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Review by School Library Journal Review

Gr 7--10--Skye Shin is plus-sized, bodyp-ositive, and mega-talented despite the negativity her mother continually batters her with. Skye sings and dances in her audition for a spot on "You're My Shining Star," hoping to become a breakout K-pop star. When she gets in for both talents, the real challenges begin: to win and tackle prejudice because of her size and her budding relationship with celebrity Henry Cho, who is also on the show. Skye needs to navigate vitriolic social media, her mother, and her friendships while remaining true to her talents and challenging the body norms of Korean women. This rom-com is everything it needs to be: predictable, filled with a sweet new romance, and starring a heroine to root for. The blend of contemporary cultural references and social media amplify Skye's generational conflict with her mother. The dynamic is entertaining and comfortable, but balanced with the seriousness of her ambition to succeed authentically as a bisexual Korean girl who isn't thin. In her dialogue-rich and character-driven novel, Lee finds a spot alongside Jenny Han and Stacey Lee in representing the diversity of Asian American experiences. Teens will feel seen in Skye's growing confidence as she faces multifaceted aspects of discrimination. VERDICT With the groundwork laid for a sequel and a joyful protagonist who speaks to Generation Z, this pleasantly contemporary title will fly off the shelves.--Alicia Abdul, Albany High School, NY

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Review by Kirkus Book Review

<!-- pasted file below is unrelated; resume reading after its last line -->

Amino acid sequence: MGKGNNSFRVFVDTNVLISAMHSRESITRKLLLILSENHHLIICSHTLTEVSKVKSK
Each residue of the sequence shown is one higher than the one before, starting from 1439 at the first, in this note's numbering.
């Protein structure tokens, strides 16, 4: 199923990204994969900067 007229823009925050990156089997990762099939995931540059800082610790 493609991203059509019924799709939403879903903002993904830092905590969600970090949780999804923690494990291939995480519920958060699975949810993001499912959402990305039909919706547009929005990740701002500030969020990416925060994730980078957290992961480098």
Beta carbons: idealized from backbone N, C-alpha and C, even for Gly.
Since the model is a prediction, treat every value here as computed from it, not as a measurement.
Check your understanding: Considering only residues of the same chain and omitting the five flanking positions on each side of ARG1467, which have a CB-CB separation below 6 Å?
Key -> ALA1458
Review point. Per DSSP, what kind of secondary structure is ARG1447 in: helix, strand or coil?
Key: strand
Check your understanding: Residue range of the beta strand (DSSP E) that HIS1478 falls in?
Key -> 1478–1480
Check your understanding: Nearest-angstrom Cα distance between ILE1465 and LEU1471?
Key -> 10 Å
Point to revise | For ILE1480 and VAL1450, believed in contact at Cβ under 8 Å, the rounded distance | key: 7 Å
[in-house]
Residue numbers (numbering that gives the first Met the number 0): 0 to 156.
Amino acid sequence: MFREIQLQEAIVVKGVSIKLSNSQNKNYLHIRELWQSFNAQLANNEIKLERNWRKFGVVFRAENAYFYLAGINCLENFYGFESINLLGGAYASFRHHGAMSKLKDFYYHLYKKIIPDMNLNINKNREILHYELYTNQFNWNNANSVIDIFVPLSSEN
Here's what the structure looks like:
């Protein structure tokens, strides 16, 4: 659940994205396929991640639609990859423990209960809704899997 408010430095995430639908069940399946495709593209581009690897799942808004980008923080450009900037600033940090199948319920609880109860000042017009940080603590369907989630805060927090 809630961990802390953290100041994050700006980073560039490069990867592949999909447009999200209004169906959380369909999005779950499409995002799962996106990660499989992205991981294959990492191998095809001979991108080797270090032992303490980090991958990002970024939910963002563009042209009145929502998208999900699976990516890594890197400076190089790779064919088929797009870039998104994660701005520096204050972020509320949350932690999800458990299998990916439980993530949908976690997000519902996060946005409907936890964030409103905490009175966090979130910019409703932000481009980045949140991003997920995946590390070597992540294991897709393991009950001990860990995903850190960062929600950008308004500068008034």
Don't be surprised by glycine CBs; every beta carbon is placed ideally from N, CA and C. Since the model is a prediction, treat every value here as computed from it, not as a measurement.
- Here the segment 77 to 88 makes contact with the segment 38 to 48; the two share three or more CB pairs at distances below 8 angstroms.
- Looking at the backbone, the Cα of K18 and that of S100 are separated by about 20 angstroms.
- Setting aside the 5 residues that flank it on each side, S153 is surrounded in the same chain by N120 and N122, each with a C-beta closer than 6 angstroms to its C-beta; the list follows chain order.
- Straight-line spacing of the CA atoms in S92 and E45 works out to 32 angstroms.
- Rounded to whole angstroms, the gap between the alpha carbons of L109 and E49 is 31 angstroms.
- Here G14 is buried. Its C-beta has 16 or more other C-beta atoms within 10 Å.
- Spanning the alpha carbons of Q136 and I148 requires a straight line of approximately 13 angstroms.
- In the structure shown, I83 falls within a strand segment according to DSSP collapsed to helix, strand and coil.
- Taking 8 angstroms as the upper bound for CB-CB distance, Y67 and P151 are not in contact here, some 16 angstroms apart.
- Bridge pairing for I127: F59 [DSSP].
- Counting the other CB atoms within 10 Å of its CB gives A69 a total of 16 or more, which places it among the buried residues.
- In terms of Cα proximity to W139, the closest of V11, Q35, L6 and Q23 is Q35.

A plus-sized Korean American teen enters a K-pop competition in both the singing and dance categories. It was a long time coming, but at 16, Skye Shin is finally comfortable with her size-16 body. But that doesn't mean she's immune from the microaggressions she encounters everywhere she goes. Skye does a great job describing not just what it feels like to be on the receiving end of hurtful bias, but also how her experiences have shaped her, given her strength, and taught her to love herself. When a K-pop competition show comes to Los Angeles, nothing will stop Skye from competing, not even her own immigrant mother, whose body-shaming comments border on abusive. The judges, however, are a different story. She's going to have to work harder than she ever has before to prove that talent can outshine prejudice. In the process, Skye's strength and talent make her an inspiration to K-pop--loving teens everywhere--including those in real life. Lee's YA debut slathers on all the juicy drama, high emotion, and kick-ass performances you'd expect from a K-pop talent competition but also has quieter moments where true friendships and a swoony romance develop. While most of the cast, including the hunky love interest, is Korean or Korean American, there are competitors of other races. Skye and the boy she likes are bisexual, and there are queer secondary characters. A fresh perspective on body image and K-pop? Jjang! (Fiction. 13-18) Copyright (c) Kirkus Reviews, used with permission.

Copyright (c) Kirkus Reviews, used with permission.